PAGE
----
Exercising Break Options
A break clause can be included within a lease which permits the landlord or tenant to terminate the lease early. A right to break the lease may arise on a specified date or on a rolling basis.
A break clause may provide for certain pre-conditions to be met before a notice can be served or at the end of the notice period. Those pre-conditions can include the payment of rent, providing vacant possession, complying with the tenants obligations pursuant to the terms of the lease including any repairing obligations.
The consequences of not serving a Break Notice or serving the Notice incorrectly can be significant. This can mean that the tenant is left on the hook for the rest of the lease term and may have to negotiate a surrender of the lease for a premium. From the landlord’s perspective, it can mean that a more profitable letting or development of the site for its own use can be prohibited.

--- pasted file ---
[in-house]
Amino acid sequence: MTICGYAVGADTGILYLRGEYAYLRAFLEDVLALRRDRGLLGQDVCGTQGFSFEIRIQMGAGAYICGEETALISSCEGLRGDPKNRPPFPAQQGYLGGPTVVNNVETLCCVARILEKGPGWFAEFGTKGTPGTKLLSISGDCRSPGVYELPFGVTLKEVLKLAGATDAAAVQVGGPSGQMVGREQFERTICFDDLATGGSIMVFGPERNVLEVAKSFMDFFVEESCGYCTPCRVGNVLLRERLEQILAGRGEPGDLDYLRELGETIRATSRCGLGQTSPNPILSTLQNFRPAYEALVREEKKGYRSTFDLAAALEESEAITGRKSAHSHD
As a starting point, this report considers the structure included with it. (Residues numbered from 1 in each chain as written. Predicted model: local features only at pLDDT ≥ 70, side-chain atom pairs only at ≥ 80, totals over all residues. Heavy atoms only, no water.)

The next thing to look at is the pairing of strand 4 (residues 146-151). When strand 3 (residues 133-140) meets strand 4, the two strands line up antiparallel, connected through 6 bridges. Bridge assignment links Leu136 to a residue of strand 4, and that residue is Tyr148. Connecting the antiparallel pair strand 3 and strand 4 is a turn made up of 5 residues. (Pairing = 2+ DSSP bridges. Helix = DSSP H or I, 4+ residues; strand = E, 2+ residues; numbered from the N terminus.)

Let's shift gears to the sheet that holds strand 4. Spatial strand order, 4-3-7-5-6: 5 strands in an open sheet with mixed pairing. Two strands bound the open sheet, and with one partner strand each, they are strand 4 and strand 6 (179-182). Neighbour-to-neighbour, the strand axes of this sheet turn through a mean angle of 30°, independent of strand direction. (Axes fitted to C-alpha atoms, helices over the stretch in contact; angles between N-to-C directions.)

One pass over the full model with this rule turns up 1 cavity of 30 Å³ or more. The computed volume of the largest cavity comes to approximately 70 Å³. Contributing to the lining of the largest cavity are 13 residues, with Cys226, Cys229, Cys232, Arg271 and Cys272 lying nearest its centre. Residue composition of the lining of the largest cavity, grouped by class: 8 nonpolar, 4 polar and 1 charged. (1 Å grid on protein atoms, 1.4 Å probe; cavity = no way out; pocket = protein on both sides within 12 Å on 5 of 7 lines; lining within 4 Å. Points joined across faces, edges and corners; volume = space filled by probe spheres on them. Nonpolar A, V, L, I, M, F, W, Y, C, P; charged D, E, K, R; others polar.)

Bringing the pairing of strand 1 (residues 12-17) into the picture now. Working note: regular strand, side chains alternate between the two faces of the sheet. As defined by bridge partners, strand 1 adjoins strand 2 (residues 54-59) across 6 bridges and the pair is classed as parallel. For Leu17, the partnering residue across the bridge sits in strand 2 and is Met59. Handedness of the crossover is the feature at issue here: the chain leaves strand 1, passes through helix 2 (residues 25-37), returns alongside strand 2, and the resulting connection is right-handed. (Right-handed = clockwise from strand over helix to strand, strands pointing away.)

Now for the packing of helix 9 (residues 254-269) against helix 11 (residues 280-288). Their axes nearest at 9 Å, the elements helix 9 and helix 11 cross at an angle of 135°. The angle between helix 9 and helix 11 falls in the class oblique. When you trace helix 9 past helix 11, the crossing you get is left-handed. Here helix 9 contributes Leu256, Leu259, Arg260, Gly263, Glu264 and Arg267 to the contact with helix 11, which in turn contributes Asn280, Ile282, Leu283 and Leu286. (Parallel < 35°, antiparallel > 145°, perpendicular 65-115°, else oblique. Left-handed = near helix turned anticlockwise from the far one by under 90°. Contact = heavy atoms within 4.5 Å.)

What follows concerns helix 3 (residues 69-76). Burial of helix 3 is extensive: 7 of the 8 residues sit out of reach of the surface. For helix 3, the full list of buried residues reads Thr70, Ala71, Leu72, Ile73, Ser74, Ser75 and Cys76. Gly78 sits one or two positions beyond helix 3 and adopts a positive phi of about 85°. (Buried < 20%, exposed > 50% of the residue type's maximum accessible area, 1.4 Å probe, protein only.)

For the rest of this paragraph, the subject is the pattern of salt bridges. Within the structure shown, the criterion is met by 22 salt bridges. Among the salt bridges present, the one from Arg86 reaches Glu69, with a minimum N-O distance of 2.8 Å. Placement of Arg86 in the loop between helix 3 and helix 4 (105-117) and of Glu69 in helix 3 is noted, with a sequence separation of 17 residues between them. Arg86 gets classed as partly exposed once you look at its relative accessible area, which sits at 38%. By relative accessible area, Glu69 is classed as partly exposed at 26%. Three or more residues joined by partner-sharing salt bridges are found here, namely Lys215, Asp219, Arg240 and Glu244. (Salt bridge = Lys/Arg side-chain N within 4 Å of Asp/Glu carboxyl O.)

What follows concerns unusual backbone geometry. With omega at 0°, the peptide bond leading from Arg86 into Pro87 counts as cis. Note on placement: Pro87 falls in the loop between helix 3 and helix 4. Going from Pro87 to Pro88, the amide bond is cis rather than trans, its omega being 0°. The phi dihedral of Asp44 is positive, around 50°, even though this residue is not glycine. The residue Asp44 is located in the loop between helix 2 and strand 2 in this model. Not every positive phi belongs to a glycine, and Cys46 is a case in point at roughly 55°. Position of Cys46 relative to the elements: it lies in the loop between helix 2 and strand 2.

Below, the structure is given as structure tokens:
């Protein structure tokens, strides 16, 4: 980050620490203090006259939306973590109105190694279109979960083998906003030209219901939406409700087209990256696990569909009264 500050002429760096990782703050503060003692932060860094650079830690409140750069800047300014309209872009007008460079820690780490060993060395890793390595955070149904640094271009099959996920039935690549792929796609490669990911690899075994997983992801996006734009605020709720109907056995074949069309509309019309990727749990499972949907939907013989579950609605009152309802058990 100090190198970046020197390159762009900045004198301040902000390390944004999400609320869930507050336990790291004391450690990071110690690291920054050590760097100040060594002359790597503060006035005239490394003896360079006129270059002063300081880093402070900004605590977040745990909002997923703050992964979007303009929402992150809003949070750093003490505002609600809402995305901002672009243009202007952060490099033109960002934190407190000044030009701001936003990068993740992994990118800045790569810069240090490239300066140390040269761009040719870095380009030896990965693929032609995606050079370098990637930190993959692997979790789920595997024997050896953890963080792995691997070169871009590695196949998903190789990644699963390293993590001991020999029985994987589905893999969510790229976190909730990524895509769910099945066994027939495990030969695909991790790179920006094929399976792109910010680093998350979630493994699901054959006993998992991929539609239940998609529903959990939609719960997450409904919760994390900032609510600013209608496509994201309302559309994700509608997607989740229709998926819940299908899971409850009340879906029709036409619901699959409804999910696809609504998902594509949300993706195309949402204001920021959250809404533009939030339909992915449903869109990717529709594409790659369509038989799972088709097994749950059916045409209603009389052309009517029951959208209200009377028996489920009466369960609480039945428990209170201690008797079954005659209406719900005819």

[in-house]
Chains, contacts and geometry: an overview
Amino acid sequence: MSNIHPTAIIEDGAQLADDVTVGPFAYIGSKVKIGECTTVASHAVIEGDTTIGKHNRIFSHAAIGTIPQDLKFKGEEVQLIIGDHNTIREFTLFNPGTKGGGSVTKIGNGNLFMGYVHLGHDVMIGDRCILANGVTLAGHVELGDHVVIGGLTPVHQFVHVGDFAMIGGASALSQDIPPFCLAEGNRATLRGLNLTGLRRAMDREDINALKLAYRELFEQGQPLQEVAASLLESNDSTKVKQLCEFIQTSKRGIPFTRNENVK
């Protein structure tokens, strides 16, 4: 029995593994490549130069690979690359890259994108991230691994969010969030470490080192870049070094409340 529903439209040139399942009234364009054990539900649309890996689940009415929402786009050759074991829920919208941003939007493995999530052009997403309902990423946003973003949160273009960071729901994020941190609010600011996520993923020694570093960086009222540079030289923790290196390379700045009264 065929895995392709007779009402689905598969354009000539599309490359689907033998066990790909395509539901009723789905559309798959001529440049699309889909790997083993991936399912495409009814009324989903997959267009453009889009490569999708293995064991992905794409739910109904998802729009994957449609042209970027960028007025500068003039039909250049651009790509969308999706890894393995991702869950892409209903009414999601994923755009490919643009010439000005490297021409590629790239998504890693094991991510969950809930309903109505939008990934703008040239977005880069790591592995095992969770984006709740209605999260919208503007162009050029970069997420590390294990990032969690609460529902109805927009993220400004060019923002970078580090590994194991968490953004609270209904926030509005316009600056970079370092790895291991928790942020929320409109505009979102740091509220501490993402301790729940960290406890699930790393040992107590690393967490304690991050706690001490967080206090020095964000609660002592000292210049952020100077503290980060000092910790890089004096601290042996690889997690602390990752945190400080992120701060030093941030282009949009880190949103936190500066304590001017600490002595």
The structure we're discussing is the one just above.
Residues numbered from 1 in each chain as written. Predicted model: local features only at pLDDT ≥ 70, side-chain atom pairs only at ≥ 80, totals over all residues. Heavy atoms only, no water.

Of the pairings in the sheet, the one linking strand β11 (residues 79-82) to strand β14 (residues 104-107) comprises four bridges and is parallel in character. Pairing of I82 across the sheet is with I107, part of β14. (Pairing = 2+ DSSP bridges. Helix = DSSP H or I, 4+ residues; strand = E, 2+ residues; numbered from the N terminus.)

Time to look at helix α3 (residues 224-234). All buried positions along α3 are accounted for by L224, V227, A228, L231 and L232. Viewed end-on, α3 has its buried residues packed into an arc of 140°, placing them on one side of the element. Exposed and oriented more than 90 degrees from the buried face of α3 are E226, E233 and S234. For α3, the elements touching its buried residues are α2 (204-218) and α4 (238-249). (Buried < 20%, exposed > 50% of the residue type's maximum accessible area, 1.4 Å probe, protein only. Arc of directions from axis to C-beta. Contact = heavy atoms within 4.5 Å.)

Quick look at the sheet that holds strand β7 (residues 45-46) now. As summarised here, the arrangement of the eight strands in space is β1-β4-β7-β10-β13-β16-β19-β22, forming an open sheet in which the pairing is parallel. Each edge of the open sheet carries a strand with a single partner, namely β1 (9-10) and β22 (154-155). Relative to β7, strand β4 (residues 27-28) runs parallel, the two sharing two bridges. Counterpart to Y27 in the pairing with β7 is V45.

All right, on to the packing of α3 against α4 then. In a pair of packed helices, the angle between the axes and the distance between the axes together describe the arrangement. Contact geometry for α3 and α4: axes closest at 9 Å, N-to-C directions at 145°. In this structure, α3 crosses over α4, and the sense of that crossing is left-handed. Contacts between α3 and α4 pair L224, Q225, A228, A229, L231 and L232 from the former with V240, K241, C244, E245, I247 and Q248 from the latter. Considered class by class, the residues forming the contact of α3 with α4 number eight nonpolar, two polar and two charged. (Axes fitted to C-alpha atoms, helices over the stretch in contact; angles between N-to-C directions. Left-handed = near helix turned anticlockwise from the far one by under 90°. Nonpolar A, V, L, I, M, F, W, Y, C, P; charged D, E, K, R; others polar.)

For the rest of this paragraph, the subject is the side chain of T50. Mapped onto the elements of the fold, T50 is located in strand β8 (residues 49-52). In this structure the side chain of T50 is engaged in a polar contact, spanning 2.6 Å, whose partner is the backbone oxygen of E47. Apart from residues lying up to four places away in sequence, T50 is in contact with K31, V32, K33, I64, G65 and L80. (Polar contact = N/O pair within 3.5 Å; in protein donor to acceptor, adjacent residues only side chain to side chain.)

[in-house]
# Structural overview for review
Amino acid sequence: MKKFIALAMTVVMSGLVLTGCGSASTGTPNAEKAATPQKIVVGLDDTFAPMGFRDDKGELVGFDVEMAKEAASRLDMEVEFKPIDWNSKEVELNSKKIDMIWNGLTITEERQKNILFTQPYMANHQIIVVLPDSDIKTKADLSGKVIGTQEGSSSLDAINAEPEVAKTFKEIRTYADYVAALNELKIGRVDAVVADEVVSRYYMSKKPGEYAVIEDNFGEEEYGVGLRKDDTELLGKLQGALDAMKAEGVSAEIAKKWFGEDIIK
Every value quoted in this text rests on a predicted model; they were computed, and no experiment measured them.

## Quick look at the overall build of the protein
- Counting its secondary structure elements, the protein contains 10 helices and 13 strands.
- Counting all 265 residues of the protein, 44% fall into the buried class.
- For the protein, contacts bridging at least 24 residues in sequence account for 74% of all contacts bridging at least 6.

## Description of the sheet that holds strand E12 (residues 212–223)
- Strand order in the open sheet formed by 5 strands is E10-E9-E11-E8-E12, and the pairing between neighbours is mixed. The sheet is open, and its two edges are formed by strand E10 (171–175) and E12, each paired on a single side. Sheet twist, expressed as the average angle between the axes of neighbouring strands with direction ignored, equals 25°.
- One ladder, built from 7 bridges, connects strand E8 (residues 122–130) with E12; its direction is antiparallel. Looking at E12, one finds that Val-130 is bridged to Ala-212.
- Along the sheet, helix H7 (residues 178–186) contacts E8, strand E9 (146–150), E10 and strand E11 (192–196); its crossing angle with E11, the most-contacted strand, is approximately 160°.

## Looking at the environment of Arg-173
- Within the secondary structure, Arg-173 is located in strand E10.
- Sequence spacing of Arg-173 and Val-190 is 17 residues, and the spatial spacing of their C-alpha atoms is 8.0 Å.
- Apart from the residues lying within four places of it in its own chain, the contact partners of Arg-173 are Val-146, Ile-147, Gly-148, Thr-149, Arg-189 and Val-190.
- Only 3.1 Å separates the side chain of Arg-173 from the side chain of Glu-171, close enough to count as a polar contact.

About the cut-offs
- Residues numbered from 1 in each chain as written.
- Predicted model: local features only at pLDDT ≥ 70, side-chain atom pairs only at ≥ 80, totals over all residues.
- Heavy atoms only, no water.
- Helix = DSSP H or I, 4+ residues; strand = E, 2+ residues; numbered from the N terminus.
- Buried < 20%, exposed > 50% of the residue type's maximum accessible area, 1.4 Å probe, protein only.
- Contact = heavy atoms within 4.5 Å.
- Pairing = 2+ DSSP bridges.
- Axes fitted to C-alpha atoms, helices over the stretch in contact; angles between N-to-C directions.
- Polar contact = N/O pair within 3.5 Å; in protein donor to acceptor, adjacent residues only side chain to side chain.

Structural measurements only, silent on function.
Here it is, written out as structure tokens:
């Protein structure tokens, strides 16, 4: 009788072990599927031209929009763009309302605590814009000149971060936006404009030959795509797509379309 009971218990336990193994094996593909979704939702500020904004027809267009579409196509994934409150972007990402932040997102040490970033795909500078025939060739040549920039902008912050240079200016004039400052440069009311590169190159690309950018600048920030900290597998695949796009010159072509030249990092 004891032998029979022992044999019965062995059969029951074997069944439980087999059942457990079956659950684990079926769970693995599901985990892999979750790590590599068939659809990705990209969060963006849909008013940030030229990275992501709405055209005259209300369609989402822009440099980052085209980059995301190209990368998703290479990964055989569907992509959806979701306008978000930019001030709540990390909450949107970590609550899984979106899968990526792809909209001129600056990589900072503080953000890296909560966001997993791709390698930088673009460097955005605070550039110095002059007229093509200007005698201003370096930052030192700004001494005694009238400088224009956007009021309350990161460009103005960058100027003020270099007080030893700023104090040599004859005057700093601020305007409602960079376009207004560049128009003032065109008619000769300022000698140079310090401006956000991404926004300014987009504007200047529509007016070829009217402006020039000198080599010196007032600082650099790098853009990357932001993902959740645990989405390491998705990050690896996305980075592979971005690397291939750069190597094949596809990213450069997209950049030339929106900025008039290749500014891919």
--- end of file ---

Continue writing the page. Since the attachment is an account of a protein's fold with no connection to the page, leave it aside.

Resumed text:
There has been an abundance of case law in connection with Break Notices over recent years and consideration should be given to the following cases:
- Marks and Spencer plc v BNP Paribas Securities Services Trust Company (Jersey) Limited.
- Advocet Industrial Estates LLP v Merol
- PCE Investors Limited v Cancer Research UK 2012
- Standard Life Investments Property Holdings v W & J Linney Limited (2010)